ANGUSIANUS reigned not past two yeares before he was slaine thus in the field, as before
ye haue heard, in whose place succeded his cousine Fethelmacus with little better successe: for in the second yeare of his reigne, desirous to be reuenged of the Picts, he assembled an armie, and entring into Angus, began to spoile & slea downe right all that was before
him, without regard to impotent, aged, tender infants, or other. The Picts also being kindled herewith, gathered their power togither, and incountring with the Scots, there was a
The Scots discomfit the Picts.
sore bettell fought betwixt them: but the Scots first putting the wings of their enimies host
to flight, at length discomfited their maine battell also, being left naked on both sides of all
aid or succour, great slaughter was made in the chase of the Picts as they fled hither and thither to saue themselues. So that among other, their king named Nectanus, brother to the
An other Nectanus king of the Picts dieth of hurts receiued in the fight with the Scots.
aboue remembred Nectanus, being wounded with an arrow, died within thrée dates after this
cruell conflict was ended. The courage of the Scots now being aduanced with this their
prosperous successe, they passed forthwith ouer the riuer of Taie, to rob harrie, and spoile the
countrie of Fife.
The Picts, perceining themselues not to be strong inough to match with their enimies
in plaine field at hand-strokes, determined yet with skirmishes and light incounterings (if it
were possible) to kéepe them off from the winning of anic of their fensed townes, castels or
strong holds. And to be the more able to mainteine themselues in this their purposed intention, they did choose on Heirgust to their king, a man of subtill nature and craftie
Heirgust is chosen king of the Picts.
imagination. This Heirgust deuising how to deliuer his countrie of such an intollerable enimie as
Fethelmacus was, procured two slie fellowes Picts by nation, to counterfelt themselues for
A pretended treason.
Scots, and for that they were cunning throwers of the dart, in which kind of exercise the same
Fethelmacus tooke great pleasure, they were appointed to make sute to be in seruice with him,
to the intent that when they might espie their time, they should slea him, by one kind of
meane or other.
They (according as they were instructed, comming into Scotland) found meanes not onelie
to haue place in the kings house, but also to corrupt one of his musicians an harper, and tó
bring him to be of counsell with them in this their wicked purpose. By reason whereof, in
one night as he laie at Carrike, where he was busie to make his prouision there for the warres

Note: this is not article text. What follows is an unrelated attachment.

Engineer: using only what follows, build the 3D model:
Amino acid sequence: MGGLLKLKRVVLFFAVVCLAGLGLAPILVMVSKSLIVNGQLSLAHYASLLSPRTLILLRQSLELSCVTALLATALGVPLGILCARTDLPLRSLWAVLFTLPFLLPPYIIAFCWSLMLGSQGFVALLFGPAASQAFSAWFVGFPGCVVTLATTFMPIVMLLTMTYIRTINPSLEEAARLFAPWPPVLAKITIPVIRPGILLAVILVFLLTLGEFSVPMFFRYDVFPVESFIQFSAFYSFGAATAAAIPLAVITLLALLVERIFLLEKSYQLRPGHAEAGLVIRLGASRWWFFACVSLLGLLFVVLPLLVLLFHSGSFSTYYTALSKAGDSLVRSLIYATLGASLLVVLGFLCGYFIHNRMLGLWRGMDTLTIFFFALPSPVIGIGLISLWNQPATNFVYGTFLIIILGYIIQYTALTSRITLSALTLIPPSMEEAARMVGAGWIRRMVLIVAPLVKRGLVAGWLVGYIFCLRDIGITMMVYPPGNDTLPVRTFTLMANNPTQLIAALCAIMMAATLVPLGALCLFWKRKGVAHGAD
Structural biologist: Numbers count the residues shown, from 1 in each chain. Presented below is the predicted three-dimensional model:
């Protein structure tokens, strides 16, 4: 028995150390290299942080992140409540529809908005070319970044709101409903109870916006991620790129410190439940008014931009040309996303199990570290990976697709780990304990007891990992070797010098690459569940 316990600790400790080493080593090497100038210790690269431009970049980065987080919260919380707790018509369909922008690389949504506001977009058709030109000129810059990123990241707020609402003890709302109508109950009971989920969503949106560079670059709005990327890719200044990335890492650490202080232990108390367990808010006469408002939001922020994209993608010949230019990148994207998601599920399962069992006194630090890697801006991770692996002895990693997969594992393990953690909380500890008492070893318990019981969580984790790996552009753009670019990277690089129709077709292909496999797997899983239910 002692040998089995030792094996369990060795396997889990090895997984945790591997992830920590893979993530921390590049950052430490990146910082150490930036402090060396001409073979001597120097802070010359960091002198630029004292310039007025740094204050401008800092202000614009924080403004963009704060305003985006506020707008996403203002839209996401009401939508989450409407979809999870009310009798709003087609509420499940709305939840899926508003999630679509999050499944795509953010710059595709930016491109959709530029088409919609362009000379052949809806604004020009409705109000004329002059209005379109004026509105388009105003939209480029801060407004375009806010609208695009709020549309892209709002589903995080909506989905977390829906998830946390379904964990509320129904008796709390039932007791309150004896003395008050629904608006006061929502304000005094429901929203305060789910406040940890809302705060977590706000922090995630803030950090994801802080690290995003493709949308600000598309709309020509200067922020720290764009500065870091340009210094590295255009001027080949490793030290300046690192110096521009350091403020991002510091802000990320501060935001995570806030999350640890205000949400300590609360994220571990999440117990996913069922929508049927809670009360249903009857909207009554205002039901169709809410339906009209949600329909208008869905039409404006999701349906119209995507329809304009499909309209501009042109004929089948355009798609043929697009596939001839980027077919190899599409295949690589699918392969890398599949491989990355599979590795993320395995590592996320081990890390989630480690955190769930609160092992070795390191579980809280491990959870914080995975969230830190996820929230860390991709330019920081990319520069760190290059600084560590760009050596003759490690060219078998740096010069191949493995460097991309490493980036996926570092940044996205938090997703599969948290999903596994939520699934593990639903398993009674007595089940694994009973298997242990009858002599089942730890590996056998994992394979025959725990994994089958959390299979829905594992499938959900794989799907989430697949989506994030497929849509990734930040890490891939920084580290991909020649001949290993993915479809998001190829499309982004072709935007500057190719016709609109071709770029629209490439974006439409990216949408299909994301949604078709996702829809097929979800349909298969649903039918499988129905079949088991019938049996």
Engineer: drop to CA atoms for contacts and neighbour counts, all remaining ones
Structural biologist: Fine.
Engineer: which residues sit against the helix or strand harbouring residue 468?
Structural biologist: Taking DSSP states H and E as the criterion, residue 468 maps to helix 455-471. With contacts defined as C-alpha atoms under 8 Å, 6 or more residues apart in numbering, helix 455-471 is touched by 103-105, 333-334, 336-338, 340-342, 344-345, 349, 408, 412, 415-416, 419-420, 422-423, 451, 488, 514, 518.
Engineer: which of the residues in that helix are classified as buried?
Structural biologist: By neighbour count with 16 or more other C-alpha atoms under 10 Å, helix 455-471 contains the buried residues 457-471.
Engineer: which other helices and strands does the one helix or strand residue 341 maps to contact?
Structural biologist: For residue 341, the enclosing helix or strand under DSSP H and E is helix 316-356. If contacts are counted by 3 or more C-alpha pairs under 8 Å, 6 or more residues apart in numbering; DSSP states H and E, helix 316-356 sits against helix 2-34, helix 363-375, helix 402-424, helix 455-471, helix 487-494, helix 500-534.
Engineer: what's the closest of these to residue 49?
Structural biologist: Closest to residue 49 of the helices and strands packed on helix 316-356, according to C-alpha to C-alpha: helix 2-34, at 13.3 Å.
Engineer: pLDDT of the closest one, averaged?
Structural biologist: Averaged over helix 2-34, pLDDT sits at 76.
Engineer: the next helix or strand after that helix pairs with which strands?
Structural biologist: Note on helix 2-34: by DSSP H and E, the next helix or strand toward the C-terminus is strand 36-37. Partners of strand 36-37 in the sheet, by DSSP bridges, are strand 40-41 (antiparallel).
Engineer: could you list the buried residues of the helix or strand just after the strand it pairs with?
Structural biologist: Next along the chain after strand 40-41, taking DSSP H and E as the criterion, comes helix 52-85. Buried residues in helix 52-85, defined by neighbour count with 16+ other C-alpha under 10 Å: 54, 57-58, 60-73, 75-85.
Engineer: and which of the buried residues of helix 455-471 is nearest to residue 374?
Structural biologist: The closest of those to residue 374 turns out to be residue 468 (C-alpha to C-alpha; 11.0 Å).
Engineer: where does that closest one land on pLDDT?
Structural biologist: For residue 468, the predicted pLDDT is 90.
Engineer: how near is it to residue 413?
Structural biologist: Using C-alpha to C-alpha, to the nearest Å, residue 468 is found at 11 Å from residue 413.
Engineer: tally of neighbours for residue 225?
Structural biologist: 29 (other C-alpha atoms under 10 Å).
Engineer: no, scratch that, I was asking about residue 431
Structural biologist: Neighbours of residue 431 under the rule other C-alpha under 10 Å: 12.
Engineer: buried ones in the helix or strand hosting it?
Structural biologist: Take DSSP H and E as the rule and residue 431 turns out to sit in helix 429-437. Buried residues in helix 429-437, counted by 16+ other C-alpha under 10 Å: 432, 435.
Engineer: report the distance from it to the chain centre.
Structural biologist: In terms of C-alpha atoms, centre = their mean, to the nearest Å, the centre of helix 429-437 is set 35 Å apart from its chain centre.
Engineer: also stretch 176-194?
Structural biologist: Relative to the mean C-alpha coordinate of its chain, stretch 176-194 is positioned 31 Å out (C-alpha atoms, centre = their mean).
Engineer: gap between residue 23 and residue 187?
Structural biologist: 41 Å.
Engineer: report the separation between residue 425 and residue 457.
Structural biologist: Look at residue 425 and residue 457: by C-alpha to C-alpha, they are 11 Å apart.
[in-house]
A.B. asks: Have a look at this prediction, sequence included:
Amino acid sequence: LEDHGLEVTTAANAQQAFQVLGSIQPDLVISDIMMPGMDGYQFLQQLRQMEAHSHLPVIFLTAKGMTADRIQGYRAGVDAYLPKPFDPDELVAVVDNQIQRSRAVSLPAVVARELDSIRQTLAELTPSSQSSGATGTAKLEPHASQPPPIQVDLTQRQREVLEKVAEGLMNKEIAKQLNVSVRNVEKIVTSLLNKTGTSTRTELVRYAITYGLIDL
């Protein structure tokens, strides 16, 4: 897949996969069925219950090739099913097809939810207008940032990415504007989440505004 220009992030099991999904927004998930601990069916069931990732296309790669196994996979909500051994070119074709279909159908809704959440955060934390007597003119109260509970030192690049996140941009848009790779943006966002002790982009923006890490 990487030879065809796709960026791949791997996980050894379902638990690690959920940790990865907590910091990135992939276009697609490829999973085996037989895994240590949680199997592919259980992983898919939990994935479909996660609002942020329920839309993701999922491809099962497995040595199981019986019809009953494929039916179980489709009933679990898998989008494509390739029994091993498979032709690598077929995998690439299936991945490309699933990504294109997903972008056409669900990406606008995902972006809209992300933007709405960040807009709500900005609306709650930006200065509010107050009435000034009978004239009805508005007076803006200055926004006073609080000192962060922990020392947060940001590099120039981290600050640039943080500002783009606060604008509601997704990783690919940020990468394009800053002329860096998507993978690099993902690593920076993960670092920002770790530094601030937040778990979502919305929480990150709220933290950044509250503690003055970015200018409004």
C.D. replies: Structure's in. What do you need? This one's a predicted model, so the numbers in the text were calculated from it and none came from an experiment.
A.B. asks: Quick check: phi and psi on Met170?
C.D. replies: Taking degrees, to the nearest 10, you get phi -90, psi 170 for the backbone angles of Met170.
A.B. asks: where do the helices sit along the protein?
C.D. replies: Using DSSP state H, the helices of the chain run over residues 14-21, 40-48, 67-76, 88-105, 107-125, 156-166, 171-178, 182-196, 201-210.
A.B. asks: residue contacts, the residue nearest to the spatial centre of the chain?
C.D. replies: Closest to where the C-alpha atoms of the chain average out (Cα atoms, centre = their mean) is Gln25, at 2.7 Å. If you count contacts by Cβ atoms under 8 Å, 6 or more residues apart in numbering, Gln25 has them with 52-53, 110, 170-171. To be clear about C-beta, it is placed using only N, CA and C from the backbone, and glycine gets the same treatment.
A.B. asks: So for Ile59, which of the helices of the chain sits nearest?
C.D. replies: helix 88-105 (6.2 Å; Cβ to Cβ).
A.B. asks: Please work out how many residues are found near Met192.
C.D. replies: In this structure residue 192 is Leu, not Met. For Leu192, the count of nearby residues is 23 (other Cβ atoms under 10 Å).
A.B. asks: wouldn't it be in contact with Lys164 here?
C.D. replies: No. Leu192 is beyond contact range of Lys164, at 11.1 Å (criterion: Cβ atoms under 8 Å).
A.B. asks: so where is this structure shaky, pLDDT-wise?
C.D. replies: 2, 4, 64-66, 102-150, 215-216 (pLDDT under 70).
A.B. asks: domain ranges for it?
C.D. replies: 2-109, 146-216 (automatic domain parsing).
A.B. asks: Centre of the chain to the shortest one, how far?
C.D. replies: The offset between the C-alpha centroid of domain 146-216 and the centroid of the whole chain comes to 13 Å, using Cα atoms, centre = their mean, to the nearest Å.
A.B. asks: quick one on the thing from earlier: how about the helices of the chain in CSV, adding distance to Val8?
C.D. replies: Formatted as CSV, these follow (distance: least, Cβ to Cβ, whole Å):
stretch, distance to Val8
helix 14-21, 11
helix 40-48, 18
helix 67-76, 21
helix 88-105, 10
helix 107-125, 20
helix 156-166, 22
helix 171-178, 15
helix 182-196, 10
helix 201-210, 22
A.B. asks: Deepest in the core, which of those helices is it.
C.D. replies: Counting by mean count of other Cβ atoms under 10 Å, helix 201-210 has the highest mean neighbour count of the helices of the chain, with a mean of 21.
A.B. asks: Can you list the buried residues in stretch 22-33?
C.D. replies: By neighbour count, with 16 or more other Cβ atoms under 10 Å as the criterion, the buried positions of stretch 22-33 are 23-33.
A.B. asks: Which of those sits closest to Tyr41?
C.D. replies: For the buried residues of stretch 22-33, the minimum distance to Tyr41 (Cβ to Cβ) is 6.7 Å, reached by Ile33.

against the Picts, the same musician (hauing plaid in the kings bed-chamber till he had
brought him asléepe) did let in those two Pictish traitors, who foorrhwith slue him euen as he
Fethelmacus is murthered in his bed.
laie so sléeping: but the king groning-gréeuouslie at the deadlie stroke, some of them that
watched before the chamber doore perceiuing what was happened, followed after the murtherers, who fled with all speed vnto the next mounteins, where they sought to defind themselues with hurling downe stones vpon them that came vp towards them : but in the end,
being taken, and confessing the déed, with the whole maner of the same, they were drawen
in péeces with wild horsses: the musician also being apprehended and conuict of the treason,
suffered semblablie the like kind of death. Fethelmacus came to his end in the third yeare
In the fift years of the emperour Constantius.
of his reigne, being the second yeare after the death of the emperour Valentinian.
In this season (as in times past hath béene beleeued) certeine bones of the apostle saint
369. H. B.
Saint Reule commeth into Fife, then a part of Pictland, and now of Scotland.
Andrew were brought foorth of Achaia, a prouince in Grecia, into Scotland by a Gréekish
moonke named Regulus Albatus, commonlie called S. Reule, a man in those daies highlie
estéemed, for the opinion which the world had conceiued of him for his holie and vertuous
life, to whome king Heirgust gaue his palace that stood in that-part of Fife, where the same
Regulus first landed; at whose contemplation also, he erected a church in old time called
Kirkruil, that is, the church of S. Reule, afterwards named the old church of S. Andrews,
standing in the abbie church-yard, where the chanons were woont to be buried. But to leaue
this matter to the further report and credit of the Scotish chronicles, we will procéed with our
purpose. After the death of Fethelmacus, the nobles and commons of the Scotish nation
The Scots send into the Ile of Man, for Fincomarke his sonnes.
sent into the lie of Man for Eugenius the sonne of king Fincomarke, where he with his brother Ethodius had remaned, during the daies of the thrée last remembred kings, Romacus,
Angusianus, and Fethelmacus.